with EM MARSHALL-LUCK
Brompton Bar & Grill
243 Brompton Road, London SW3
The Brompton Bar & Grill is conveniently placed for the attractions of the museums, Royal Albert Hall, Royal Geographical Society and parks of Kensington, almost directly opposite Brompton Oratory, and suitable either for a swift but filling meal, or a more relaxed evening. The establishment has a traditional ‘grill’ style set-out and atmosphere, with light oak-stained hardwood floors; a shop-window frontage and quirky antique prints and cartoons. The angled down-lighters and colour-scheme of browns and greys impart a slightly industrial air, which contrasted with the white linen and candles on the small tables and bench seating. The toilets were disappointingly basic and we at once found the music intrusive, with a heavy bass and overall volume too high. The reasonably enjoyable 1930s big band soon switched to bad covers of 1960s “crooning” numbers, indeterminate world music and a rather strange track that was trying very hard to be a mixture of 1970s experimental synthesisers and Quintette du Hot Club de France. The occasional traditional French song was more welcome as were the Grappelli numbers – alas the music then reverted to more heavy beats. The overall effect was one of indeterminacy; an inability on the restaurant’s part to ascertain the type of music that corresponded with their perceived image and desired clientele, and thus a hedging-the-bets approach of trying a little bit of everything in the hope that something at least might appeal to the present patrons.
We were seated at a table by the window – an agreeably private table (although draughty when anyone entered by the adjacent door, albeit be-curtained), and the menus and wine list appeared expeditiously. Bread was also soon placed on the table – an excellent sourdough-type baguette which promised a fine meal to come. The menu was good, with a set menu, or a range of salads, pasta dishes, substantial fish and meat plates and vegetable and salad side orders; and the wine (and cocktail) list was impressive, too, with a good range of wines and prices, from £16 through to the very finest wines at several hundred pounds. I was pleased to see that a fair number of wines were available by the carafe, as well by bottle and glass.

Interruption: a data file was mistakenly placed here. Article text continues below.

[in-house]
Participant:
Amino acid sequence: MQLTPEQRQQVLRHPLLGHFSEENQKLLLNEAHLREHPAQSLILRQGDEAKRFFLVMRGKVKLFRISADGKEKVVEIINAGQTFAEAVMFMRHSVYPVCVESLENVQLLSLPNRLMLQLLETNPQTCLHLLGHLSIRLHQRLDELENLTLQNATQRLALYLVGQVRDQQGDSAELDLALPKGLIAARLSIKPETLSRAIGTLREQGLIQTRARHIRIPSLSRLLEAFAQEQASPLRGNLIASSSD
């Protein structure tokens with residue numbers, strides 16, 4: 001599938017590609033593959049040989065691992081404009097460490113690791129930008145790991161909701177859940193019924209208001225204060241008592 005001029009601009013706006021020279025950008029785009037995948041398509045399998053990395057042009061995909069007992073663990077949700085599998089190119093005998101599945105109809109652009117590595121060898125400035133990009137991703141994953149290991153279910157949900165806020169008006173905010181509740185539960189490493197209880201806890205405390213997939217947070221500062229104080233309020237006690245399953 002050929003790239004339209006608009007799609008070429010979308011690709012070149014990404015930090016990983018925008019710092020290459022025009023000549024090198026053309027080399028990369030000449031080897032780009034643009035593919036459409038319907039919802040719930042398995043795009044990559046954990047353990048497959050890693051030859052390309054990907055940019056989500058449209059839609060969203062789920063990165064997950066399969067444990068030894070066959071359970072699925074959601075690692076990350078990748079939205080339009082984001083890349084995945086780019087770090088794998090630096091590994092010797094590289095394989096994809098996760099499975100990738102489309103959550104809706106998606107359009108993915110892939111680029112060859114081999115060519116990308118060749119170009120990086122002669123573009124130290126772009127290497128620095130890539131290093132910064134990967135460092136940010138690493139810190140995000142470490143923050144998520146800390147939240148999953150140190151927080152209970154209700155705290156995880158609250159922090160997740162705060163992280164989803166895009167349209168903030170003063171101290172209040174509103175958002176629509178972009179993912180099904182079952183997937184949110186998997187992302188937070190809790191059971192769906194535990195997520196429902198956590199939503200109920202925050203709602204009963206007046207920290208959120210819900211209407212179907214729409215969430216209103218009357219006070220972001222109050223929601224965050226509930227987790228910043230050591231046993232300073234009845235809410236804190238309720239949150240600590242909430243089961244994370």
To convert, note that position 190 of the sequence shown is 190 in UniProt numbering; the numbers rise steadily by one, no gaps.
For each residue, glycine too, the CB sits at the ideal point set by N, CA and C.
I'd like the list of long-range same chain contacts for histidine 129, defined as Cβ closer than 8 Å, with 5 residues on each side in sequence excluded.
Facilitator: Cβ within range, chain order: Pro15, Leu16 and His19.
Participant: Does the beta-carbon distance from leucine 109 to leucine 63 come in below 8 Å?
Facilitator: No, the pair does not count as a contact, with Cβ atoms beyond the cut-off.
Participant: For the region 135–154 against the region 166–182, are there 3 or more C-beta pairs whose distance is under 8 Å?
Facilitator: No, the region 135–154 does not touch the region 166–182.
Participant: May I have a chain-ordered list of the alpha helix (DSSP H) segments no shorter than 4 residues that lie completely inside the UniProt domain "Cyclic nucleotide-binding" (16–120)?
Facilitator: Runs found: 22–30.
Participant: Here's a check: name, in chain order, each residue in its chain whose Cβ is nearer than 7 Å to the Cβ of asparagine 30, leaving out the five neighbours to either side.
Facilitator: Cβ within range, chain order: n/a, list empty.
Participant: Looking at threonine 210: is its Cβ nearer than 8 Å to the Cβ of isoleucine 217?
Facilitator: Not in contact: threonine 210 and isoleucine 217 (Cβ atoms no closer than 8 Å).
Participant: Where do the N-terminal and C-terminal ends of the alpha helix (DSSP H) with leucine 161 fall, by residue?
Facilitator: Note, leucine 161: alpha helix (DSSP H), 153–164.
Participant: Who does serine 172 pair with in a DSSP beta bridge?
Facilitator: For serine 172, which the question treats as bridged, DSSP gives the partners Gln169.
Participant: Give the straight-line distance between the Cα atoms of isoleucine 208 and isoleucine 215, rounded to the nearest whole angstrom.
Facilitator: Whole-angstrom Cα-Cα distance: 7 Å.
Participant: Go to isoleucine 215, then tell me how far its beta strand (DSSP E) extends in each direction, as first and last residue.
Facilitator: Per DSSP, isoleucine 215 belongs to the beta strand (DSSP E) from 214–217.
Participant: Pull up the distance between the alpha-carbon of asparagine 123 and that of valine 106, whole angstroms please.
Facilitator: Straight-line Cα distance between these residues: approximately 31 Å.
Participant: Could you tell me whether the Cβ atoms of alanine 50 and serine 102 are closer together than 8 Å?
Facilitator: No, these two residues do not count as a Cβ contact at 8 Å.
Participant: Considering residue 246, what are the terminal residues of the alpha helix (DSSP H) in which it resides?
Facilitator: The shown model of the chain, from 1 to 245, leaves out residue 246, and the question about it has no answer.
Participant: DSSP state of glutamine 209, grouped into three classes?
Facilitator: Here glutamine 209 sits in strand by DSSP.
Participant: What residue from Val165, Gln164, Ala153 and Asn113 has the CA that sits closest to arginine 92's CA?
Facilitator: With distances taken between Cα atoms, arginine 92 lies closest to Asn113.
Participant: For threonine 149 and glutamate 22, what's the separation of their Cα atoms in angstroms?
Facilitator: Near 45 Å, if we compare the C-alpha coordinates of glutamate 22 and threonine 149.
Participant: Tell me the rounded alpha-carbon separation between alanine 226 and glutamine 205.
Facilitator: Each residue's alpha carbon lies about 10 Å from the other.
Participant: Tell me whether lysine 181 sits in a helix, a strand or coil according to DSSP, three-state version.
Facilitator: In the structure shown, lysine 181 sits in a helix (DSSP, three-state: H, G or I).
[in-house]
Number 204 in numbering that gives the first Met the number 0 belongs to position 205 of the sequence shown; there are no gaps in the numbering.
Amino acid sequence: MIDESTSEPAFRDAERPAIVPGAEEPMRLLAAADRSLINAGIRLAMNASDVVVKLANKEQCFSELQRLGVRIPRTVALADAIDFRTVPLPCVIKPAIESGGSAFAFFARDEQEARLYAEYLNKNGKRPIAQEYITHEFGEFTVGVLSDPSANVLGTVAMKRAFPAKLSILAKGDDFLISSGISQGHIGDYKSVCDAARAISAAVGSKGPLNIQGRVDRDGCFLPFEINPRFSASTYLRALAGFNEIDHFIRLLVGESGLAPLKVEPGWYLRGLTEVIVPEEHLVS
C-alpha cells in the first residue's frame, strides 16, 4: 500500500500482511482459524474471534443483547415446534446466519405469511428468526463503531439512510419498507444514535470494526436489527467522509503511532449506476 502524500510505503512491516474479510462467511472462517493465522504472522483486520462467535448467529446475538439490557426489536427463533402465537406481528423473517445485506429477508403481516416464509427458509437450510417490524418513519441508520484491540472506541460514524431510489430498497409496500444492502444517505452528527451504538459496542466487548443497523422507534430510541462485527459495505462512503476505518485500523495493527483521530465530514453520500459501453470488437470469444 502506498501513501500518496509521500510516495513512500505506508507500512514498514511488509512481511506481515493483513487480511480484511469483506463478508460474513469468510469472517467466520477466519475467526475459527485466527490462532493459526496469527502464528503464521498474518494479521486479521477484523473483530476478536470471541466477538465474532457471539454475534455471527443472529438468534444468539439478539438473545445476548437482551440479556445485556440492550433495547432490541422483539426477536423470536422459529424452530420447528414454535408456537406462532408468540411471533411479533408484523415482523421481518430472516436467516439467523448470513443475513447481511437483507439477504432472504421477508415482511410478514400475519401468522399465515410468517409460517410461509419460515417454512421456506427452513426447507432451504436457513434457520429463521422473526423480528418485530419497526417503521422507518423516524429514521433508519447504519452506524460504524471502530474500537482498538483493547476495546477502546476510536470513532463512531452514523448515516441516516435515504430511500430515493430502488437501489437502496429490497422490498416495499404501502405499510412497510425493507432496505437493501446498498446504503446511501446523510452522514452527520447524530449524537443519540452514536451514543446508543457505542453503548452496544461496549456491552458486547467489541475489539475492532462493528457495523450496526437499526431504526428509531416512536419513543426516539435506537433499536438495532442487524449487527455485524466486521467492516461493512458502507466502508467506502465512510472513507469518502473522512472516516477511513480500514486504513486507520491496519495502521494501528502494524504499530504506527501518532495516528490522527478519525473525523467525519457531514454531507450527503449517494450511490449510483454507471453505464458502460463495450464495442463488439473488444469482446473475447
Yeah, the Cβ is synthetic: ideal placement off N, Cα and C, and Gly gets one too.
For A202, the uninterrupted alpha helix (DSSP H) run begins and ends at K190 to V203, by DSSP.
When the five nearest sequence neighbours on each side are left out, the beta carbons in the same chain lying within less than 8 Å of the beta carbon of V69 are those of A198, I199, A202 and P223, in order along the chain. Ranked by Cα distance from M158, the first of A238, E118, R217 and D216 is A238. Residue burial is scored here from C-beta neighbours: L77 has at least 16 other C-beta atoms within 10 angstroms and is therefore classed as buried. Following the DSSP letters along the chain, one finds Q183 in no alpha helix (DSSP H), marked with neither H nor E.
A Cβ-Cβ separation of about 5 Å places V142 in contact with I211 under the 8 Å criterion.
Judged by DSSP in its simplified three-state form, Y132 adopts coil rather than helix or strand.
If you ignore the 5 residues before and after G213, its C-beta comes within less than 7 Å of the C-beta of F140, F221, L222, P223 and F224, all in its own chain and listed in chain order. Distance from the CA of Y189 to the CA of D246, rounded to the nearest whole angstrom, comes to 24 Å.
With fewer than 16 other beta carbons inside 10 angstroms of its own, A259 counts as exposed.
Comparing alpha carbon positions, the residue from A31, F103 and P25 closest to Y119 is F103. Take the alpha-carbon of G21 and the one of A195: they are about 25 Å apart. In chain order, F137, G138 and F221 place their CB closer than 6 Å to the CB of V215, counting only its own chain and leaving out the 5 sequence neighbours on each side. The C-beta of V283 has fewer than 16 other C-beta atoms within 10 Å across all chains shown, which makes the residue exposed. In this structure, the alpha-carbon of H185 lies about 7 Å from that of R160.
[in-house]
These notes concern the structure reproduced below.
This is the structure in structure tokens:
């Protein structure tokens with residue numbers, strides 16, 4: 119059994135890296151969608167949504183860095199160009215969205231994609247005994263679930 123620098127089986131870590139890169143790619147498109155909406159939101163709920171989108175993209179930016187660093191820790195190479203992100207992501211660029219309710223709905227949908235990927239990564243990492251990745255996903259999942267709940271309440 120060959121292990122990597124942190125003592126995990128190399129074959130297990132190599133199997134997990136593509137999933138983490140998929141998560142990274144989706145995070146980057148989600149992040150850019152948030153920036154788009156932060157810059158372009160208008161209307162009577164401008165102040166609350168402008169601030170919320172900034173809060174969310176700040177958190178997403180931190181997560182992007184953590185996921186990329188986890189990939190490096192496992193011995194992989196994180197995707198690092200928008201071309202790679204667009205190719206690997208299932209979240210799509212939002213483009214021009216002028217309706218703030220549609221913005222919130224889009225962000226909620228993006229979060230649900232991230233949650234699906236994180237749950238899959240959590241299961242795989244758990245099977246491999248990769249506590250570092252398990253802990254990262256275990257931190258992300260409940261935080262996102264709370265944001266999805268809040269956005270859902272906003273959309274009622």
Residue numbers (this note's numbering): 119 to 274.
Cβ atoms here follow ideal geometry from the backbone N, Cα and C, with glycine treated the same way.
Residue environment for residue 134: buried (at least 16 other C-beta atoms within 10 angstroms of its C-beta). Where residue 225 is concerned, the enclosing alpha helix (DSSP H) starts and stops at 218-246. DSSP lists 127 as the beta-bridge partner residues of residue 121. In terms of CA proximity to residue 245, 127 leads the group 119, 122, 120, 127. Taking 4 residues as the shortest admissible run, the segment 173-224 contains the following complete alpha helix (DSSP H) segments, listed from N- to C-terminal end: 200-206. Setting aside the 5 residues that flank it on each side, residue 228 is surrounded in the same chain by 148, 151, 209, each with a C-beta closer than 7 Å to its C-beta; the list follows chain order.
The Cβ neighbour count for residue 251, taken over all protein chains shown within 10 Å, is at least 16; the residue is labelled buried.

We decided to try the house red, a 2011 vin de France: Le Bosq, and found it reasonable for its price, with a pleasingly spicy nose and a mouth full of red berry fruits (predominantly red currants) – although it was too acidic and light for my personal taste, preferring my beverages rich, dark and full-bodied.
The service at BB&G is professional, friendly and attentive, although food arrived a little too quickly course on course, not allowing enough time for conversation and digestion. Plates were also cleared away a little too rapidly – we would, for instance, have preferred the main course dishes not to have been leapt upon and borne off the second the cutlery hit the plates for the last time, and I was still nibbling happily at my bread when it was whisked off. That aside, however, the waiters were watchful, with eyes easily caught, very polite, and gratifyingly decently turned-out.
I started with smoked salmon – beautifully tender and well-flavoured; served with toast and lemon, while my husband went for the ham hock terrine. Accompanied by gherkins, mustard and toast, this was enjoyably meaty with good large chunks of ham. It was, perhaps, just slightly on the oily side, but certainly not gelatinous.
The main courses were not as good as the starters (as seems so often to be the case!) – although my husband’s rib-eye steak was wonderfully very flavoursome and with a well-seasoned taste, its texture was oddly dry. My roast Barbary duck breast was surprisingly chewy and tough, the fact of its being thickly cut and rather pink in the middle yet very well done on the outside enhancing the rather leathery tendency. The French fries (accompanying the steak) were fine, and the creamed potatoes were delicious and very more-ish; yet the green beans disappointed. They were rather over-done and slightly wilted as a result and, furthermore, had been flavoured with lemon juice (which a decent green bean just doesn’t need – it’s such a superb, flavoursome vegetable when fresh that showing it some boiling water and lathering on butter is all that should be required).
For desserts I attempted the rich and thick dark chocolate mousse with homemade honeycomb – a little too sweet for my liking; whilst my husband tried the vanilla crème brulee, with which he was reasonably well pleased, and which brought the meal to a satisfactory close. On the whole, a good dining experience, with the excellent starters and the professionalism of the staff being the high-points of the evening.
192 Acre Lane, Brixton, London SW2